Dive into Laurel Canyon — click above for a tour of the home of Cali rock by the Entrance Band
The winding steps that climb from Laurel Canyon Boulevard to Jonathan Wilson's hillside house might as well be a time warp: Walking into the guitarist's Wednesday-night jam session is like being transported back 40 years, to an era when this neighborhood a few minutes off the Sunset Strip was home to rock & roll royalty including Joni Mitchell, Frank Zappa, David Crosby and Jackson Browne. Tonight, a dozen or so longhaired dudes are milling around the Nag Champa-scented living room, where tie-dyed tapestries and Wilson's guitar collection cover the walls. On the patio, Yogger, a husky with a thick coat of white fur, is asleep on an Aztec-pattern rug. No one knows where he comes from, but they all say the dog shows up when there's a jam.
Pedal-steel whiz "Farmer" Dave Scher gets busy setting up his gear for tonight's party, where an assortment of local musicians will spend the hours between now and sun-up working classic grooves like Creedence's "Effigy" and J.J. Cale's "Call Me the Breeze" as players rotate in and out. In the kitchen, girls in flowing skirts and glittery eyeshadow — the modern "Ladies of the Canyon," for sure — light a joint of impressive girth. "I've got tequila buried in the woods," singer-songwriter Johnathan Rice offers as the spliff circulates. "Peace, love and understanding is big with this crowd, but fuckers will still steal your beer."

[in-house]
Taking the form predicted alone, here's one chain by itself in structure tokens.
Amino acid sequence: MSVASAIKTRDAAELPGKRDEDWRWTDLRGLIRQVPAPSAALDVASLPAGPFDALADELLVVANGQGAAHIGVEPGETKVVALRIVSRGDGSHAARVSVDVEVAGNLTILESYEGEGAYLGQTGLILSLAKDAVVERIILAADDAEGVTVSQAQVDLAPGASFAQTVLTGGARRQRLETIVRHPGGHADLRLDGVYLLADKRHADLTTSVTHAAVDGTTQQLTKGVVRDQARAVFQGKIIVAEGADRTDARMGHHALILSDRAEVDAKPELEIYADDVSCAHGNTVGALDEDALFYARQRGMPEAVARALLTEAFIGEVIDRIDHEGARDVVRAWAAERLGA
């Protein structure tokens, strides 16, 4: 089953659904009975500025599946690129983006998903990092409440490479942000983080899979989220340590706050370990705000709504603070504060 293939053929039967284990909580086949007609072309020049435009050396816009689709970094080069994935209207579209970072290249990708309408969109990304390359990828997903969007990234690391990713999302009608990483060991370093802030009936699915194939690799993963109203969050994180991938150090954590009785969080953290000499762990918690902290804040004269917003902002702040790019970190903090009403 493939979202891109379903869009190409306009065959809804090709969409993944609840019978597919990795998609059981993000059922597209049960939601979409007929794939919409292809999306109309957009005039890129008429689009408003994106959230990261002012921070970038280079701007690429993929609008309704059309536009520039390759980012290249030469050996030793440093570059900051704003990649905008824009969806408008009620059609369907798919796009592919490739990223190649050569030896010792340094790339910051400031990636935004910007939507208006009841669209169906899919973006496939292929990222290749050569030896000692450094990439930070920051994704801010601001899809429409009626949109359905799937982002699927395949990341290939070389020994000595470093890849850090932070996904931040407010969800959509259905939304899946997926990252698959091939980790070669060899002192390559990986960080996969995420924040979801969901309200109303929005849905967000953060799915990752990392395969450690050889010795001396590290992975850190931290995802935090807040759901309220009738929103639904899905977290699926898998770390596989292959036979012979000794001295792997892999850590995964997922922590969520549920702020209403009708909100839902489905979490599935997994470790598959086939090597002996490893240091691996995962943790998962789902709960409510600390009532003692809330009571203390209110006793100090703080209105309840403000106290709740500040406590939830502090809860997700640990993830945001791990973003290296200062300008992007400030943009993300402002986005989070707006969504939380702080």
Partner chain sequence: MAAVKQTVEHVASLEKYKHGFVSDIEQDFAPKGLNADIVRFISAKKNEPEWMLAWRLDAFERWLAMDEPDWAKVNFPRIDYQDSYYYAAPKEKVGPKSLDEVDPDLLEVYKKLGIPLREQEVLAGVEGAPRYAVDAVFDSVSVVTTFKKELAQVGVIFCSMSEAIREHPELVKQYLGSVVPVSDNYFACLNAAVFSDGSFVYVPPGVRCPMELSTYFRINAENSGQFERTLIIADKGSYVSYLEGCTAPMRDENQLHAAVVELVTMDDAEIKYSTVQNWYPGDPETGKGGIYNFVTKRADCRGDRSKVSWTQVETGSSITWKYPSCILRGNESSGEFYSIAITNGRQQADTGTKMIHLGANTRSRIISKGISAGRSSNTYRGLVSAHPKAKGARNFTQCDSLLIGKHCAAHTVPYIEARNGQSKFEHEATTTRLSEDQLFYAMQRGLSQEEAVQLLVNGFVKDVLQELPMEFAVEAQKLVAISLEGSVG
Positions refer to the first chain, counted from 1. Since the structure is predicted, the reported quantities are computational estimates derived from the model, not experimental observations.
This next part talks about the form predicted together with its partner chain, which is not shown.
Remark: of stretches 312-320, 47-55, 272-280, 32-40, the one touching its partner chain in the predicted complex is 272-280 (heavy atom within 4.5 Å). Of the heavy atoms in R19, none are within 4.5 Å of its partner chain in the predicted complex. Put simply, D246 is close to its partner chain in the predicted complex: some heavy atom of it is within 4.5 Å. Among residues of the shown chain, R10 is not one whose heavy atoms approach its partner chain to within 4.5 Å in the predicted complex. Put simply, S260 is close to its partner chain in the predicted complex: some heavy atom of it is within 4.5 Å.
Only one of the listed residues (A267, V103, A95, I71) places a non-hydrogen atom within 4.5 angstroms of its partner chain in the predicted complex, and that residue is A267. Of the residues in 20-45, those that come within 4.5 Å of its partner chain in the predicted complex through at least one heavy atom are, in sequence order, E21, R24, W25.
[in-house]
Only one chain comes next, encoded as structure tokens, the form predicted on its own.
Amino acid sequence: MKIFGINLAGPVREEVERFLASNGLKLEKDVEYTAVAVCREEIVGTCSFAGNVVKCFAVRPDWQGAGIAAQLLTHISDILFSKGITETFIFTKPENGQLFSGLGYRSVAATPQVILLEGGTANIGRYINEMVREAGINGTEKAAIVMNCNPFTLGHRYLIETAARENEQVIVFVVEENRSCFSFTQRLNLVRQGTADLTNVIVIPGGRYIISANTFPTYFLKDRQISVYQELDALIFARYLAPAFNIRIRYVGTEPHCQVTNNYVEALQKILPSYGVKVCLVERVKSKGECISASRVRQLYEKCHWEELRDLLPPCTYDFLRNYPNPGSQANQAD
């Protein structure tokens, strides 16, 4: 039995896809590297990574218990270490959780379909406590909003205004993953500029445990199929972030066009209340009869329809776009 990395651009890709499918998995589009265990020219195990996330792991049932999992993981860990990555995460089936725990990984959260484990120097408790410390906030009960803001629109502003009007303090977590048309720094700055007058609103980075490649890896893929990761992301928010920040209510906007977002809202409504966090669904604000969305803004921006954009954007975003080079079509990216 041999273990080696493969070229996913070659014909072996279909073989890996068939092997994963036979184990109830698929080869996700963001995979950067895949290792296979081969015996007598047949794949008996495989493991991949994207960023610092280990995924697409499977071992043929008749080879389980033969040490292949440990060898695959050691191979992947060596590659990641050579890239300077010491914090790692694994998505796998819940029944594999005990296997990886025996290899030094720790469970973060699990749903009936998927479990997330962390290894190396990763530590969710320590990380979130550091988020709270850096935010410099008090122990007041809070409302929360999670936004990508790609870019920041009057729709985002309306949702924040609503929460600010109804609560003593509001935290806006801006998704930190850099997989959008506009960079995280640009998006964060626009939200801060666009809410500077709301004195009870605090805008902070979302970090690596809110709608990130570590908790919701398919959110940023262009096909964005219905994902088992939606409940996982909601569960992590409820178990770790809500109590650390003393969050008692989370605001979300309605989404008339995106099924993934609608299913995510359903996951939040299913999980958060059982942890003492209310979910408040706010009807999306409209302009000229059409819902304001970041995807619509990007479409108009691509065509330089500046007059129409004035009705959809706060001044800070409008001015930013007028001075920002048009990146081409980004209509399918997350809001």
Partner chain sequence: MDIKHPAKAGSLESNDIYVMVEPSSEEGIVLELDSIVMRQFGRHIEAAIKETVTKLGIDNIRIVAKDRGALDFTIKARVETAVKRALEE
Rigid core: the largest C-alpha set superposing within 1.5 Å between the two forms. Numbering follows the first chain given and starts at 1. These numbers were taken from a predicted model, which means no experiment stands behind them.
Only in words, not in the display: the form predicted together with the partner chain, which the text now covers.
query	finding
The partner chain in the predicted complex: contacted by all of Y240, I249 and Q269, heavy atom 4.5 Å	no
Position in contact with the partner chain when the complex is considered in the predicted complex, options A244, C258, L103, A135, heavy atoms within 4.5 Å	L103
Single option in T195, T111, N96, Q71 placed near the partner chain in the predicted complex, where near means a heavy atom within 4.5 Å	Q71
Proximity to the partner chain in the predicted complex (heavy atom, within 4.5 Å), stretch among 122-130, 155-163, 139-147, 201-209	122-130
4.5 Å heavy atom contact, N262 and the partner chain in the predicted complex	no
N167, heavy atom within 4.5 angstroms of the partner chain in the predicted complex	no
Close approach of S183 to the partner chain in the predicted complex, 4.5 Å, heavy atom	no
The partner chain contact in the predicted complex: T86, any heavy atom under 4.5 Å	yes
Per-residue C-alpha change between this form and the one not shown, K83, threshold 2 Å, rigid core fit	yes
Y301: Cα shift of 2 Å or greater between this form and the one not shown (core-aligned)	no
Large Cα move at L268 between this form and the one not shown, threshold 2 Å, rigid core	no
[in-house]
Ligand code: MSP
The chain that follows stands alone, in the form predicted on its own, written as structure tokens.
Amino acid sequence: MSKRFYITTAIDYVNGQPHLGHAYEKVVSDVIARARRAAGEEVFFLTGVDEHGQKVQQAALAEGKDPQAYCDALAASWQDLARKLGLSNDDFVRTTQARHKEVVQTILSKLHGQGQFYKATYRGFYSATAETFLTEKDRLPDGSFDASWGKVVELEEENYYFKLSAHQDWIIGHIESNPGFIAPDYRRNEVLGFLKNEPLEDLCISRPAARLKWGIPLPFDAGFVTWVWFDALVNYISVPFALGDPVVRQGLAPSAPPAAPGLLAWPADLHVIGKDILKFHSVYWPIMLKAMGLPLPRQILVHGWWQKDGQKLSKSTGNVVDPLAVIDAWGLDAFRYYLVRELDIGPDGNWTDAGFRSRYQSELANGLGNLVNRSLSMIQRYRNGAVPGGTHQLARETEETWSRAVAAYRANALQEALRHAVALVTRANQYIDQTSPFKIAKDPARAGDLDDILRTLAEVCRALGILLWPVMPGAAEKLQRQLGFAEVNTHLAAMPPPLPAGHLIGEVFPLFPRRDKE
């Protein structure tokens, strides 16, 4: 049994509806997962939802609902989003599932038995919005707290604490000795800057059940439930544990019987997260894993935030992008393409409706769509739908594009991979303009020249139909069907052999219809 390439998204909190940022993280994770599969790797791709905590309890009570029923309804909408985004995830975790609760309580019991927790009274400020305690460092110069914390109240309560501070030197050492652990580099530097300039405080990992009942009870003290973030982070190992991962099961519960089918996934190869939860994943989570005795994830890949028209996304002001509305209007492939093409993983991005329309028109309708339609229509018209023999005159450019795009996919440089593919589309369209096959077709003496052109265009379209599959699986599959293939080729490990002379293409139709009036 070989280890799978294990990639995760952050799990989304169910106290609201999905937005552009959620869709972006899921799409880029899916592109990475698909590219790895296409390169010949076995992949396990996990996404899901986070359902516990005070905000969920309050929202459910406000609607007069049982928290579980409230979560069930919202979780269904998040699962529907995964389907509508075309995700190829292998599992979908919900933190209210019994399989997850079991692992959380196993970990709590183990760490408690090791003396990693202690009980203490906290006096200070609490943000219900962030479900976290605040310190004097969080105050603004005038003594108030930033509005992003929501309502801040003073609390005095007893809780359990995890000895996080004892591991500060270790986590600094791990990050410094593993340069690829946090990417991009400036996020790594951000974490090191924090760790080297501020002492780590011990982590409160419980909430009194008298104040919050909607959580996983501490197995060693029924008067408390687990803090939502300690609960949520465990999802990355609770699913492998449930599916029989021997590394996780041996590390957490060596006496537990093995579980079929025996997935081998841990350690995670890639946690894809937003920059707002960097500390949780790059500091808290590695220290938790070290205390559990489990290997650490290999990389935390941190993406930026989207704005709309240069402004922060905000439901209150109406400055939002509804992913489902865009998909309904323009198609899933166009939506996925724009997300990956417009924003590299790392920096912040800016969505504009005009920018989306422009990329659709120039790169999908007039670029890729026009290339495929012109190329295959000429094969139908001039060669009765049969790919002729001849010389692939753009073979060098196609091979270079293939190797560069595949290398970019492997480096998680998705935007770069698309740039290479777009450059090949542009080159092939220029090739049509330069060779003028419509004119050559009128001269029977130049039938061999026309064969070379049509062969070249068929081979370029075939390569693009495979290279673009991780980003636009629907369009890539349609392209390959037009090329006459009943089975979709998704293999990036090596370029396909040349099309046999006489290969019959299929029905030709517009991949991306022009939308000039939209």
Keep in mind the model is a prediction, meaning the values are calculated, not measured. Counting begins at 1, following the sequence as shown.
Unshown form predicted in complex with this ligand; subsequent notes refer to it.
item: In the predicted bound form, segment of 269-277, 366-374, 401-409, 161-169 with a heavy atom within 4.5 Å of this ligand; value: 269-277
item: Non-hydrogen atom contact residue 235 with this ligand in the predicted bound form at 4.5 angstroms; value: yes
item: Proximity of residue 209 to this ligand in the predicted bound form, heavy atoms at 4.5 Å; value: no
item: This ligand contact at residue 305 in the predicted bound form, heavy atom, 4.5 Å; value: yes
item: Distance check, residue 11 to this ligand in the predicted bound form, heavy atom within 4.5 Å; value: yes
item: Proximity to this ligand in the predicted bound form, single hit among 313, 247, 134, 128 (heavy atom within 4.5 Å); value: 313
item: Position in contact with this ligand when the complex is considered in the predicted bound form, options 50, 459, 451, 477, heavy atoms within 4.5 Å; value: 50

Laurel Canyon is one of rock's most mythic neighborhoods: This is where Crosby, Stills, Nash and Young first folded their voices into one beautiful harmony; where Zappa welcomed artists including Hendrix and Mick Jagger to parties at his infamous "Log Cabin" in 1968. Laurel Canyon was the inspiration for the Doors' "Love Street," the Mamas and the Papas' "12:30 (Young Girls Are Coming to the Canyon)," CSNY's "Our House" and an entire album by British blues legend John Mayall. It's where music-business legends David Geffen, Jac Holtzman and Elliot Roberts helped build the recording careers of the singer-songwriters who defined the very essence of the Sixties California sound.
The music in the Canyon quieted in the Eighties, when rock stars sought greater privacy in places like Malibu and Topanga Canyon and hair metal took over the Sunset Strip. But since Wilson, 33, started hosting jam sessions a few years ago, an expanding group of artists — including the Black Crowes' Chris Robinson; the Jayhawks' Gary Louris; Rilo Kiley's Jenny Lewis and her boyfriend, singer-songwriter Rice — plus up-and-comers like the Entrance Band and the Whispertown 2000 have been reviving not just the old-school Canyon sounds but also that scene's spirit of collaboration.